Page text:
“Group seeks debt relief for the T”
A coalition of lawmakers and public interest groups plans to file legislation tomorrow requiring the state to take over a portion of the MBTA’s debt, allowing the transit agency to become less dependent on fare increases and to spend more on maintaining the rail and bus system and improving service.
In return, the bill would bar the T from raising fares beyond the local cost-of-living index. If that provision had been in effect, it would have reduced the fare increase that on Jan. 1 raised the price of one-way subway rides from $1.25 to $1.70 and bus trips from 90 cents to $1.25.
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“The T has serious financial problems that go way beyond fixing through efficiencies and fare increases,” said Eric Bourassa of the Massachusetts Public Interest Research Group . “The T’s huge debt challenges the long-term viability of the authority and needs to be seriously addressed by the Legislature.”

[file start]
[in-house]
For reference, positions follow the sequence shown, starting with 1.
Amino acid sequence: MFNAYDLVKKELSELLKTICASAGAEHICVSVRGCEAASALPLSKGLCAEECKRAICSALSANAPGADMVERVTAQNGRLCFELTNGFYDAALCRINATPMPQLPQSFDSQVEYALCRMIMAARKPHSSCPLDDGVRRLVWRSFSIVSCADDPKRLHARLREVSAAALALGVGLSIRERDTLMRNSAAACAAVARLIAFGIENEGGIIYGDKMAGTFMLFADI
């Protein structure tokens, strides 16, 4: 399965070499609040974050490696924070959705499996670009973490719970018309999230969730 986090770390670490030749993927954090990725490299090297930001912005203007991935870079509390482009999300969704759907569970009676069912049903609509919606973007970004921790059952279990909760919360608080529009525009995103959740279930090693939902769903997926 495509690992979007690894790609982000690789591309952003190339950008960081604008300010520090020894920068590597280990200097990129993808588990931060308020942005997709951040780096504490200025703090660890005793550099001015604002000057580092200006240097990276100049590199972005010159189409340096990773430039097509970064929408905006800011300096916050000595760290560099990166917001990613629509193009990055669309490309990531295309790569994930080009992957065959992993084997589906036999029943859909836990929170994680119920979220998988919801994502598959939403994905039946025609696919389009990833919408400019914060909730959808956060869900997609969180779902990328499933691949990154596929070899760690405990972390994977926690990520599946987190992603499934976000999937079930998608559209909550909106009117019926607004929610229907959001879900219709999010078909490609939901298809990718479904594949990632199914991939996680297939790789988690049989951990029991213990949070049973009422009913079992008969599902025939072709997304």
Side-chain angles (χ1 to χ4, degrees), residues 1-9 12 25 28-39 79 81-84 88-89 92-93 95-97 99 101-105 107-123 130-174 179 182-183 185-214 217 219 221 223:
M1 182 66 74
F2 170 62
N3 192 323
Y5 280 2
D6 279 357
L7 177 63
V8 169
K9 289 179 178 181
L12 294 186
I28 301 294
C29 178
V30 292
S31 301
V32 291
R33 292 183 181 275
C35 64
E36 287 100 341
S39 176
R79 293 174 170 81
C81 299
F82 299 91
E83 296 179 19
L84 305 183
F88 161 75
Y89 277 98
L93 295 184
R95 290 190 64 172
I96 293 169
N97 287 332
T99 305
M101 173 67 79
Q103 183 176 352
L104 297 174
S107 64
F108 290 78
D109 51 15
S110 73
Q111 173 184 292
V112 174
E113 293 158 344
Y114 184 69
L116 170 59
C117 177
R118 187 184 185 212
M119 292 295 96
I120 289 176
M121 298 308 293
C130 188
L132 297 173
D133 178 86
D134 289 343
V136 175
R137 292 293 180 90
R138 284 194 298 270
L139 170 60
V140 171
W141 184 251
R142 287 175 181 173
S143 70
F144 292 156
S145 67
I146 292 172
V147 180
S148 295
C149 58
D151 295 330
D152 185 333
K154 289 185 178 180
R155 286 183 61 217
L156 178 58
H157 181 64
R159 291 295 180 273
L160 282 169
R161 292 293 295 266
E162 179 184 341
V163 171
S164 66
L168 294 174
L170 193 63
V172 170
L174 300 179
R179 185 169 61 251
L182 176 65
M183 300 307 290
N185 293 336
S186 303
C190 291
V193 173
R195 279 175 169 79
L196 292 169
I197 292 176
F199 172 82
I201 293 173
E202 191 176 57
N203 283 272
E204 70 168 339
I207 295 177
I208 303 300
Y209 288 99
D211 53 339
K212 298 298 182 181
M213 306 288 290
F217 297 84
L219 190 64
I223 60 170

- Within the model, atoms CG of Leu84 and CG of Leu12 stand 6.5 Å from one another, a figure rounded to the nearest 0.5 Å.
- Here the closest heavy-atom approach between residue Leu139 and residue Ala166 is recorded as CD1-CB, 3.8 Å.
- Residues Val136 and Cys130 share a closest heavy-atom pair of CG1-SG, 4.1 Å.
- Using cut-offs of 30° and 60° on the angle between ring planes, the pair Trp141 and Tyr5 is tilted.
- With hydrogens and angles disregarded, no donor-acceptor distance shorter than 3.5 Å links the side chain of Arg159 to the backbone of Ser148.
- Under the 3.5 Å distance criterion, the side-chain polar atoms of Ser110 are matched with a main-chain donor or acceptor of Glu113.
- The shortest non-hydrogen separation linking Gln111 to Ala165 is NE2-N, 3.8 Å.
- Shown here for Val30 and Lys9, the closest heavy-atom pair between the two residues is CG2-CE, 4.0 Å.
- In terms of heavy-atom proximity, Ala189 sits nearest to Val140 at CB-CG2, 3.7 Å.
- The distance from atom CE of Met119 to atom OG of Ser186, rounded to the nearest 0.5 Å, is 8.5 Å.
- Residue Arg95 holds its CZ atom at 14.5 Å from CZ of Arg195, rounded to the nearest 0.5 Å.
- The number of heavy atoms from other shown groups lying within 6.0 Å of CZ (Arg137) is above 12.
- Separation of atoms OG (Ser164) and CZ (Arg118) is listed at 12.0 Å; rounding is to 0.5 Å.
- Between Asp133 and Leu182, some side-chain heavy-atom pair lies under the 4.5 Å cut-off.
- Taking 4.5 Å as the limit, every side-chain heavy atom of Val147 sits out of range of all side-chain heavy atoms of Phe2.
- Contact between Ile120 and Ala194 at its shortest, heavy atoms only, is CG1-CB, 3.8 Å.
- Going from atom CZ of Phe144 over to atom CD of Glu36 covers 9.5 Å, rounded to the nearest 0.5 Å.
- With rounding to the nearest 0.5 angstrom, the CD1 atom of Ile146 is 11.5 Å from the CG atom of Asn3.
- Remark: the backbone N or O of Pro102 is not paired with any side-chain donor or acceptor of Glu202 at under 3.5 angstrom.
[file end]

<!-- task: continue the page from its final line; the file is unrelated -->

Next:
The bill, which will be introduced by Senator Jarrett T. Barrios and Representatives Alice K. Wolf and Carl M. Sciortino Jr., calls for the state to accept $2.9 billion of the T’s $5 billion debt ($8.1 billion if interest is included). The state paid the T’s debts until the Massachusetts Bay Transportation Authority’s funding system was changed seven years ago to make the authority more fiscally responsible. As part of the change, the MBTA took on $2.9 billion in existing debt from the state. The proposal is the first legislative attempt to relieve any of that burden.
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The T’s debt is now the highest of any transit agency in the nation, with payments and interest of $370 million annually eating up 27 percent of the T’s operating budget.
“That’s not money being invested to expand service,” said Daniel A. Grabauskas , the T’s general manager. “It’s a very difficult situation.”